5. A common vocabulary

Due to the interdisciplinary nature of this report the definition of a common vocabulary and language is useful to determine from the outset. Part of the value of this report is to provide the energy sector with a common working definition of key terms to increase levels of understanding of the field.

General Terms: Definitions


The American Psychological Association (APA) defines this in a way that emphasises the physical aspects of perception: "processes that organize information in the sensory image and interpret it as having been produced by properties of objects or events in the external, three-dimensional world."

To this we can add that there are also broader socio-cultural and psychological (i.e. cognitive and affective) interpretative processes at work when we perceive and make sense of our environment.


Definitions of 'values' are contested across spheres and disciplinary domains but most share an understanding of them as being guiding principles that people use in formulating their views and actions.

Rokeach [37] offers one broad definition: "Values transcend specific objects and specific situations: to say that a person 'has a value' is to say that they have an enduring belief that a particular mode of conduct, or that a particular end-state of existence, is personally and socially preferable to alternative modes of conduct or end-states of existence". Values in essence, then, refer to beliefs about how the world should be.

Values can be viewed as individually held or as shared cultural resources that people draw on in forming their perceptions and actions. They are linked to perceptions but where perceptions are malleable due to changing contexts or different frames of reference, values are much less so.

The receptiveness of public perceptions to change is particularly important when considering topics that may be of low salience to the public, are new and emergent or where views are not yet fully formed.


'Attitudes' are hypothetical constructs representing an individual's evaluation or judgement of an object. Attitudes are typically considered to have three main dimensions: a cognitive dimension, relating to beliefs; an affective dimension, relating to feelings; and a behavioural intention component, relating to how an individual states that they would behave in relation to an object.


'Behaviour' is defined in a number of different ways within academic literature. At a broad level, behaviour can be defined as the range of actions made by entities in conjunction with their environment, which includes the other systems or organisms around it, as well as the physical environment.

One example in the area of energy and sustainability comes from Stern [38] who defines behaviour as "an interactive product of personal sphere attitudinal variables and contextual factors". The term behaviour relates to particular ways of understanding social action and is often discussed in opposition to concepts of practice – see below.


'Persuasion' is defined as the "process in which communicators try to convince other people to change their attitudes or behaviours regarding an issue through the transfer of a message in an atmosphere of free choice" [39]. Thus, persuasion is a deliberate attempt to influence the attitudes and/ or behaviour of other people but, unlike coercion – which forces people to act in a particular way – persuasion operates in a context where people are ultimately still free to choose what to think and how to act.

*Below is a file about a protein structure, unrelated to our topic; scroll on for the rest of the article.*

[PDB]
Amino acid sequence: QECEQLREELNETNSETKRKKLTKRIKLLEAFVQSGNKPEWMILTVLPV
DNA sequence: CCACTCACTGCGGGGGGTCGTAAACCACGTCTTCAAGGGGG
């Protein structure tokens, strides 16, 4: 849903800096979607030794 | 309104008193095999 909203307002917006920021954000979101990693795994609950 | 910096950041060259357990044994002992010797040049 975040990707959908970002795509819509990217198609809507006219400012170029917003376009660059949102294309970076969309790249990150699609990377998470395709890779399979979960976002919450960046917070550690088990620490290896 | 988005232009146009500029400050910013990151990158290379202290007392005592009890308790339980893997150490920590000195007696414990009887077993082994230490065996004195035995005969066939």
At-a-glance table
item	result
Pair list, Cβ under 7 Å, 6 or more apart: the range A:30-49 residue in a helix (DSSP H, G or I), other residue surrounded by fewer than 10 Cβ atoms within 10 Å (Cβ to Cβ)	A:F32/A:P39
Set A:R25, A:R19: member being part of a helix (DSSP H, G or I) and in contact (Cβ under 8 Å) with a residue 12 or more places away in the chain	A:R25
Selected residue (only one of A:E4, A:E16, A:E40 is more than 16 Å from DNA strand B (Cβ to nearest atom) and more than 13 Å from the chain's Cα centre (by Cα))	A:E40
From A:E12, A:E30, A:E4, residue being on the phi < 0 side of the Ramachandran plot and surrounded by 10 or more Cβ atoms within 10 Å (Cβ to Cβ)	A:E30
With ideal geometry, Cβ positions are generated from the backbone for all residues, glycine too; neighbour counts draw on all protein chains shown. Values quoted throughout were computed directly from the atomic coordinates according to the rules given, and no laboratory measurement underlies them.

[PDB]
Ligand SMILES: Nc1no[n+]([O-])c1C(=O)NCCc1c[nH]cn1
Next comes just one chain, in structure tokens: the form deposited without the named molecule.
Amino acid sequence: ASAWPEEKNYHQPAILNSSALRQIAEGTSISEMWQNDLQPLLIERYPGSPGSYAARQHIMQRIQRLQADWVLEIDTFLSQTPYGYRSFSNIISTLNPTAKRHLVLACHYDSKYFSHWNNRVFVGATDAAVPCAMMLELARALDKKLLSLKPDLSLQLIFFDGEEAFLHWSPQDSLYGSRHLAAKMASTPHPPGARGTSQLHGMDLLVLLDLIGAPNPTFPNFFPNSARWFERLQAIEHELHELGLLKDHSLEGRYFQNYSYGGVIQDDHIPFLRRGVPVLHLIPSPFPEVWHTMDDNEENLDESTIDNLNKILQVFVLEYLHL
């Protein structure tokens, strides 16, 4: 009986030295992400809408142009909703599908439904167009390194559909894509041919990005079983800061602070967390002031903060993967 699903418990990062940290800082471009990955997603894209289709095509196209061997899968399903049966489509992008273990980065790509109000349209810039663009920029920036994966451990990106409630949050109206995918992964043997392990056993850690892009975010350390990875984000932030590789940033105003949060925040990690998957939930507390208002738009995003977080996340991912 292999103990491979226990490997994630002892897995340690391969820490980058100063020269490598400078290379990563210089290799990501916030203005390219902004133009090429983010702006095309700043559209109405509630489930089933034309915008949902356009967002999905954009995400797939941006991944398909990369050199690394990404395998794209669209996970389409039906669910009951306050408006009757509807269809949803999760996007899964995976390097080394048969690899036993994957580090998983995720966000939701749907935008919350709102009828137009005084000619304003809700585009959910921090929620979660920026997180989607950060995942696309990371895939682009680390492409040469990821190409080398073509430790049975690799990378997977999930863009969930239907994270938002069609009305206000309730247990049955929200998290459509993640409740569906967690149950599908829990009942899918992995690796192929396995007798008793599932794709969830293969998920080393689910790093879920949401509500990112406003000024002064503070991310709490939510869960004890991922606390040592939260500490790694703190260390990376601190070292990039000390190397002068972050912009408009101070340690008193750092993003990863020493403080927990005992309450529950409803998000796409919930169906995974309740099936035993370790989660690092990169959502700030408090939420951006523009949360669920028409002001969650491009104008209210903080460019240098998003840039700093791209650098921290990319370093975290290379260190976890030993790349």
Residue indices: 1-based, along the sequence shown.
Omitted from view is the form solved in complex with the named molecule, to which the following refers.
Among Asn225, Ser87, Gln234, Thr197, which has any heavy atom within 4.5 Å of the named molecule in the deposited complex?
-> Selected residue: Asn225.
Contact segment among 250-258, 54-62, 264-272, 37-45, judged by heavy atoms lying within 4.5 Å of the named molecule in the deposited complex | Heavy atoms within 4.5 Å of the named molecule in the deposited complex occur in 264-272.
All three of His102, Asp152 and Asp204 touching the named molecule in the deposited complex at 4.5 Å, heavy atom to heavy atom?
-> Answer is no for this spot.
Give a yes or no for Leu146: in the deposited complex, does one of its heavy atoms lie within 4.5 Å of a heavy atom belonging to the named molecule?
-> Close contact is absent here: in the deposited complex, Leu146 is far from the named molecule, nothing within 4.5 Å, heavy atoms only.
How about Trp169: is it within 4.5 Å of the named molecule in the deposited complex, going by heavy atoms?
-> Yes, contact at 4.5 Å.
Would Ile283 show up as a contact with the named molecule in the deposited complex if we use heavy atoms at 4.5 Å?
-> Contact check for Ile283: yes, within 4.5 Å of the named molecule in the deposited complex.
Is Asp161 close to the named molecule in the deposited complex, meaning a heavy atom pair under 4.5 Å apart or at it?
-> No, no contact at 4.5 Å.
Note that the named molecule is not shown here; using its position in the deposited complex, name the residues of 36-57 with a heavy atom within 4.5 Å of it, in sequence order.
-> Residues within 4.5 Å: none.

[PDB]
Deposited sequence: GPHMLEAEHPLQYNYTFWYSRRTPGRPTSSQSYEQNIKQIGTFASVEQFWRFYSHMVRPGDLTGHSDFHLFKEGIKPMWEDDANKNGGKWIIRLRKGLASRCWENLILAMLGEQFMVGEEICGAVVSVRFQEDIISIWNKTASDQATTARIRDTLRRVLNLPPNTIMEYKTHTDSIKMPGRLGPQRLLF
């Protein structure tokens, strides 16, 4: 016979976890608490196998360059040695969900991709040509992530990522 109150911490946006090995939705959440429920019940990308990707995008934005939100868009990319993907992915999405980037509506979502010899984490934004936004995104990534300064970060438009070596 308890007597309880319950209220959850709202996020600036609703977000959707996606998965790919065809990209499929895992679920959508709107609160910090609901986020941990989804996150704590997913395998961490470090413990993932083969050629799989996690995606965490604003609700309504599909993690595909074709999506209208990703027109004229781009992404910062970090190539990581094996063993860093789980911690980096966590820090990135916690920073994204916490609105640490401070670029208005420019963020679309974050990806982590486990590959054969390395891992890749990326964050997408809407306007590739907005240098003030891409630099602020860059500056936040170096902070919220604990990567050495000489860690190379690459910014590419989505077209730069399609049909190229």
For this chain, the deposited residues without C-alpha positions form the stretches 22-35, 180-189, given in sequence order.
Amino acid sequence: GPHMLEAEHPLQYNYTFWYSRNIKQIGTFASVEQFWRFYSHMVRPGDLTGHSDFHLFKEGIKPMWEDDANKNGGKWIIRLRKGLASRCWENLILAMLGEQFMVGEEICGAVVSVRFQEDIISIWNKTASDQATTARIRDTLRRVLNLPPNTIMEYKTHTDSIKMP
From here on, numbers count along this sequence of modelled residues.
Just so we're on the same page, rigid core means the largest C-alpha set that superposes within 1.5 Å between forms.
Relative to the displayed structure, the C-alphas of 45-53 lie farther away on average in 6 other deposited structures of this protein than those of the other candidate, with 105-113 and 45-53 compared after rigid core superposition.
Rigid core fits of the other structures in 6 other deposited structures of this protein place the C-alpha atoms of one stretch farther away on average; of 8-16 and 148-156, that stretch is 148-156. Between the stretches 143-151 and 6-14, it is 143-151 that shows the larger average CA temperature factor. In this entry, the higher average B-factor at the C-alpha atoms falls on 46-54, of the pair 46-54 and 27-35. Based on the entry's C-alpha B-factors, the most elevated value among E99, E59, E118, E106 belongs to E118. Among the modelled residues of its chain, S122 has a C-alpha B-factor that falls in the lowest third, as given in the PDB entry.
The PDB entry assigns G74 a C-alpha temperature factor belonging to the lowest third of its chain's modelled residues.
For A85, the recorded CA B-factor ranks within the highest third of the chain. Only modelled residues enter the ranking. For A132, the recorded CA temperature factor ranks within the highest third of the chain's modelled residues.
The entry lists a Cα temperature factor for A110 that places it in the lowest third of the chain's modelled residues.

The concept of 'public (or social) acceptance' has been extensively used as an umbrella for research aimed at better understanding the factors associated with public responses to energy technologies, and is also often used in policy and decision-making contexts.

New research by Batel et al. [40] has highlighted that 'acceptance' can also be seen as a particular type of response to energy infrastructures, distinct from others types such as 'support' or 'ambivalence'. Specifically, research found that 'acceptance' was more related to passivity and tolerance, with the implication that use of the concept can suggest a more top-down perspective on the deployment of energy infrastructures.

In consequence, Batel et al. [40] suggest that it is important to be cautious with concepts used in this area, both by researchers and decision-makers, and that it might be more important to focus on understanding public support for energy technologies than public acceptance.


'Participation' has come to mean the act of sharing in the activities of a civil society organisation, political party, or political process. Particularly exercises that give people an opportunity to be more actively involved in the development or amendment of policies and proposals.

Public support implies a more favourable position towards, and active engagement with, energy infrastructures; therefore arguably contributing to their deployment in a more sustainable way (see Batel et al., [40]). Can be distinguished from a more passive response of 'acceptance'.

Information deficit

'Information deficit' is a term used to describe a lack of knowledge and/or understanding, often on the part of the public. However, it is important not to assume that information provision will suffice to induce a change in attitude.

Value-action gap